When considering the merger opportunity, those of us who have lived much of our lives must think of the world our children and grandchildren will inhabit long after we are gone.

Times change; what might have worked in the past no longer gives our younger generations a running start into a world that will continue to grow and change, with or without us.

It has been decades — decades — since the Twin Cities last experienced widespread prosperity and growth. That prosperity was created by people — our very own grandparents and parents — who took risks and stepped beyond the familiar and comfortable, believing that life should and would be better for their children.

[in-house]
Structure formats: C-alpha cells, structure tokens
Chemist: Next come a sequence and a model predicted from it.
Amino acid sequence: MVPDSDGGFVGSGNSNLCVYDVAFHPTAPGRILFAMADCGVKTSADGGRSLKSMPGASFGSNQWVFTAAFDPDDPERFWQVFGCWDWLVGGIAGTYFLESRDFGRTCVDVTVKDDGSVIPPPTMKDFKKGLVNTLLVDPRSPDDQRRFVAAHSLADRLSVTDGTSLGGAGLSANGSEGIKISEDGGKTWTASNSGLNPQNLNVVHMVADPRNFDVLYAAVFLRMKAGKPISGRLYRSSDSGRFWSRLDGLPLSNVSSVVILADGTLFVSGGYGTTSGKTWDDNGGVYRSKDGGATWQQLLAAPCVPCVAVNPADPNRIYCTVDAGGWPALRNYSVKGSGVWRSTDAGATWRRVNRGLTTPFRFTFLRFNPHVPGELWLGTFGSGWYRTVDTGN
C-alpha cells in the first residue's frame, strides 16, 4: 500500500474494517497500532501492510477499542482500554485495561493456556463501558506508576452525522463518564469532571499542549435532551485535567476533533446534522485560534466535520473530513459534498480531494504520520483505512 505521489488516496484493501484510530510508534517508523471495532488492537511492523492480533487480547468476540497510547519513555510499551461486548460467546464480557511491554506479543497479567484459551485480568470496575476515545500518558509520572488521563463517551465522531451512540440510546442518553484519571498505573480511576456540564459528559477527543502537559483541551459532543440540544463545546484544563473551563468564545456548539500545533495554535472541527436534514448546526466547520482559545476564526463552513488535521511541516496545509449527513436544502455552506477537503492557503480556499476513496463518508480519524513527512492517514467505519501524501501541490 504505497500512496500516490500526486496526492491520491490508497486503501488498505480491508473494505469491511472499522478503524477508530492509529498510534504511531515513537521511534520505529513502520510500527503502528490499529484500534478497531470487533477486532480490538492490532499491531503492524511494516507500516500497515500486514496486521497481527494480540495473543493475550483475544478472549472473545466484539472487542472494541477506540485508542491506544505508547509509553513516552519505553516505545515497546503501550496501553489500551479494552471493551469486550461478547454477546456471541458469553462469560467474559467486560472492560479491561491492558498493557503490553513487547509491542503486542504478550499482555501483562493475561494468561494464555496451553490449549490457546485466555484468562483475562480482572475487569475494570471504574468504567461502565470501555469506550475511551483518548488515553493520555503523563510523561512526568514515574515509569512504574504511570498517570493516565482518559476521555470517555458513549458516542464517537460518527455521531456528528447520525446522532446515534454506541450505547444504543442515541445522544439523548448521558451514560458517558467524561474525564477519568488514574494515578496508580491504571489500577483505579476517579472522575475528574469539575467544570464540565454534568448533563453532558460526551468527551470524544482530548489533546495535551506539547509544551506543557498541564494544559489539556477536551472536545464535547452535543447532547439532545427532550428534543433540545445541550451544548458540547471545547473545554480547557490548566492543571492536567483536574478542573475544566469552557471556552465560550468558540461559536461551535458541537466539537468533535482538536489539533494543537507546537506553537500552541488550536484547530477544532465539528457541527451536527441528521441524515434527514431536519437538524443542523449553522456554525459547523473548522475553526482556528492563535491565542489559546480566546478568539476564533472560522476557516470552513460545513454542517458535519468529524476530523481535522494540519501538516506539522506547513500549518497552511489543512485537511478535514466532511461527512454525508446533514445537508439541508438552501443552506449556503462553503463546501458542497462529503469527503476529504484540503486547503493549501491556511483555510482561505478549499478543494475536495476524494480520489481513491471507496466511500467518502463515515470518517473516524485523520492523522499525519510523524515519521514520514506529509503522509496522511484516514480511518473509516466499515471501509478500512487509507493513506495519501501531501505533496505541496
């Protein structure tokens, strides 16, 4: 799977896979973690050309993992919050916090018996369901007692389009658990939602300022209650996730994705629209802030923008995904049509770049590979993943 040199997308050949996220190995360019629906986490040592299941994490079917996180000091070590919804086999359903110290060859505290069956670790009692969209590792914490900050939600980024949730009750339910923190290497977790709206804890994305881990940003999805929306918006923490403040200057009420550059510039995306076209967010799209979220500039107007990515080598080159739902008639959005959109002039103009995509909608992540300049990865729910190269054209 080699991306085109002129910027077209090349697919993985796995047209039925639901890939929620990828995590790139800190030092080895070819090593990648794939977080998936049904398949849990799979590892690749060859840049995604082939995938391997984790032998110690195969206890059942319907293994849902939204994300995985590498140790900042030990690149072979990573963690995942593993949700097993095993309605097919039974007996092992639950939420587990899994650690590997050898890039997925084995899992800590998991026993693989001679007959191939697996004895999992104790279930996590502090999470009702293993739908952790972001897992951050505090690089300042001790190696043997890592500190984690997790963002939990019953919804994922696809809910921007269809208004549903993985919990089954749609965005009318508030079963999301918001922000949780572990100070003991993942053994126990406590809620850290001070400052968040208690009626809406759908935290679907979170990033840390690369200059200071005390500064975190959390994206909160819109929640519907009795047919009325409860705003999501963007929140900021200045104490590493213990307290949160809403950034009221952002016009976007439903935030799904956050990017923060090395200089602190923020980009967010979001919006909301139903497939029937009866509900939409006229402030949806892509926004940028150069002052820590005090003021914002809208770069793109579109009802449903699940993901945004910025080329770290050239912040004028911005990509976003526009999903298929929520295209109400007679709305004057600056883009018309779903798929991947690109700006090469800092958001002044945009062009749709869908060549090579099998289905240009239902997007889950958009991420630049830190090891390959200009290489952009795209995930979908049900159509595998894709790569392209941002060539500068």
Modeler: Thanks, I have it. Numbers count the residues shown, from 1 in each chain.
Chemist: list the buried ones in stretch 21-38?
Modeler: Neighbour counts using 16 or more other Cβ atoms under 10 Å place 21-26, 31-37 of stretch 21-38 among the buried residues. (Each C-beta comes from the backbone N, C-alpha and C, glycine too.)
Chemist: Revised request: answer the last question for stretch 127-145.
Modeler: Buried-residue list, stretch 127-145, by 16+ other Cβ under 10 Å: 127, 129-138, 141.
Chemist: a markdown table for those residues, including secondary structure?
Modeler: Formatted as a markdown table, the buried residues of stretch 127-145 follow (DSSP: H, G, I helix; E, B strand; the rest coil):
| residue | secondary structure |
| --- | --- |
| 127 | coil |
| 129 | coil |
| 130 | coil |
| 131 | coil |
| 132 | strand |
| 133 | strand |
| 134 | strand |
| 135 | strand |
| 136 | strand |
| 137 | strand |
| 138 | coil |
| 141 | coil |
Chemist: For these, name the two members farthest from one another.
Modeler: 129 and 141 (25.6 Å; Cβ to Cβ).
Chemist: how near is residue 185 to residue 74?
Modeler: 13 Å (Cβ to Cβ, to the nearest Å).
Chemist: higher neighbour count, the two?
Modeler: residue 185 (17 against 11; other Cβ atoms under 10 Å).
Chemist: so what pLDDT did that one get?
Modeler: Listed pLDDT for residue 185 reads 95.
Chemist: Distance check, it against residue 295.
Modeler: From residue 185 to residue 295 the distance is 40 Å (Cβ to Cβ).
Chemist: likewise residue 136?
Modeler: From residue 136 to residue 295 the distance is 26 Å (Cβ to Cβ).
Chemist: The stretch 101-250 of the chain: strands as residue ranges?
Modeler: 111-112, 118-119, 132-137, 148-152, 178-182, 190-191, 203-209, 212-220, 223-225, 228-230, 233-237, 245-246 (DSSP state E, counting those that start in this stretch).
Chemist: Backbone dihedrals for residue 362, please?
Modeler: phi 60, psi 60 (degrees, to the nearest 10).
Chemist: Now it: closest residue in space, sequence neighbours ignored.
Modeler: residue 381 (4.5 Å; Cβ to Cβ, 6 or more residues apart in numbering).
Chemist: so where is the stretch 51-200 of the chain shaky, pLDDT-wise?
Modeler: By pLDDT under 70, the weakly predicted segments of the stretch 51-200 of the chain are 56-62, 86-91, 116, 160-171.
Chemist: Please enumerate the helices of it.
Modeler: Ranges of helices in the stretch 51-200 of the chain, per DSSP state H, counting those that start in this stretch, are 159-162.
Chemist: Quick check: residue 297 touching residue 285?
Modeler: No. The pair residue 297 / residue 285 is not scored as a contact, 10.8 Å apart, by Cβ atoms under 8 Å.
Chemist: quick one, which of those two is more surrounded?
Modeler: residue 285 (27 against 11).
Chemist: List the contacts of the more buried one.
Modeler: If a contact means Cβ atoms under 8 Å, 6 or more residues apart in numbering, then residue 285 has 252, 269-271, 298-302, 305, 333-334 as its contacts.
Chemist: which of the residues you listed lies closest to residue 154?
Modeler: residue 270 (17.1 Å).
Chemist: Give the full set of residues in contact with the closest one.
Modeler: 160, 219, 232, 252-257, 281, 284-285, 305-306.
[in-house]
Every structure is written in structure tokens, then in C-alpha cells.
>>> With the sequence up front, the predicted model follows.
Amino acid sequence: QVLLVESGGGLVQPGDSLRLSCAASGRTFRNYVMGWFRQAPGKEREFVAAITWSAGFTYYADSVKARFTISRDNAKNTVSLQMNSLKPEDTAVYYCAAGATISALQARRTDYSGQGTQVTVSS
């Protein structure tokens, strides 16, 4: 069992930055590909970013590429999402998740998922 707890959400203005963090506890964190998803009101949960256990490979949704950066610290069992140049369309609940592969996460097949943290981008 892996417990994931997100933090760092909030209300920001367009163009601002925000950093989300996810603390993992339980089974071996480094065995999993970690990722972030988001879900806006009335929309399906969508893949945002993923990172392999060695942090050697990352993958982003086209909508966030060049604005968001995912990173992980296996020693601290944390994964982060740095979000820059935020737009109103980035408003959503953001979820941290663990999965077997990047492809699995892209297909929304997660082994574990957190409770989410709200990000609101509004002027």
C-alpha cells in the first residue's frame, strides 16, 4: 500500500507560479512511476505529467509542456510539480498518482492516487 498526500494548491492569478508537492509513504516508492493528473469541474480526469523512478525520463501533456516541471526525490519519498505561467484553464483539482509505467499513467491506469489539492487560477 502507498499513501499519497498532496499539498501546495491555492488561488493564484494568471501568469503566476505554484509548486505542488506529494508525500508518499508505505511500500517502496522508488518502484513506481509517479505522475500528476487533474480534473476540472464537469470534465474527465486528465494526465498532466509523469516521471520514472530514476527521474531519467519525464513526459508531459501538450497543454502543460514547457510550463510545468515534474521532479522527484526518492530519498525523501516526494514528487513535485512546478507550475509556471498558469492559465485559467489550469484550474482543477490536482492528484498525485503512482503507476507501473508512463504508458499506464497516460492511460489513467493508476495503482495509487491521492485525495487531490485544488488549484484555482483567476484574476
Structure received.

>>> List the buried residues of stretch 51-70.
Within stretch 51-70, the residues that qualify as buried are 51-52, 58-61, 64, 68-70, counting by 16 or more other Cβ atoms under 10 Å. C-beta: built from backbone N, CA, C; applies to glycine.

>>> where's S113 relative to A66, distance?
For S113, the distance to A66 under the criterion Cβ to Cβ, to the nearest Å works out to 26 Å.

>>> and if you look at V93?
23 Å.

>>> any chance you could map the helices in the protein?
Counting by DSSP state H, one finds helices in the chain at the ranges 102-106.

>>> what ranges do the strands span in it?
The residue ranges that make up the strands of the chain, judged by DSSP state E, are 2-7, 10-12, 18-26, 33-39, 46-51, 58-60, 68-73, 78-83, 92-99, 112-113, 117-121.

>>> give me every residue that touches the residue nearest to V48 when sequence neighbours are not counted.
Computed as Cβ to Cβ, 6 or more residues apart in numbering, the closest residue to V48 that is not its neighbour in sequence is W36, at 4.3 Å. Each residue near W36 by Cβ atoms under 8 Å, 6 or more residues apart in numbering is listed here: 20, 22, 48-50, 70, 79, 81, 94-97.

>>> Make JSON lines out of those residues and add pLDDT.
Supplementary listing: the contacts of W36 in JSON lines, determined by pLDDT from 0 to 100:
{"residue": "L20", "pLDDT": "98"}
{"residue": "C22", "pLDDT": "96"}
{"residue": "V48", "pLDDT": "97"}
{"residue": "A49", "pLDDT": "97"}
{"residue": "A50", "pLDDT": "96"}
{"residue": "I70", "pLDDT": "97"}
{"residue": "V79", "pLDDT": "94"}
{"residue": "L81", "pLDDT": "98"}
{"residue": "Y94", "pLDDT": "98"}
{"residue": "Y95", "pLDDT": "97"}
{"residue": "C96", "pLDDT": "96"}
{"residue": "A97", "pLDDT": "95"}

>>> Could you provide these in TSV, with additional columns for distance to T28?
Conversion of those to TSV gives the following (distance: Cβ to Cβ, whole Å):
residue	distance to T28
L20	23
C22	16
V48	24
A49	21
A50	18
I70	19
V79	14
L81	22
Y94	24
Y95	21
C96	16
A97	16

Just as they left villages and farms in Europe and Canada and sought opportunity and prosperity in the industrializing world, we must do the same by laying the groundwork for the maximum advantage and opportunity of our youth, here and now. During lean times that have gone on for far too long, we must pool our resources, eliminate the waste inherent in duplication and do away with the competition and personal politics that such small and deeply intertwined cities can’t afford.

No dizzying cries of “the sky is falling” should prevent us from trusting our common sense and positioning ourselves to better benefit from the many opportunities of the times.?

Let’s not get lost staring at the clouds above the Androscoggin River, wondering when it will rain.

Maura Murphy, Lewiston

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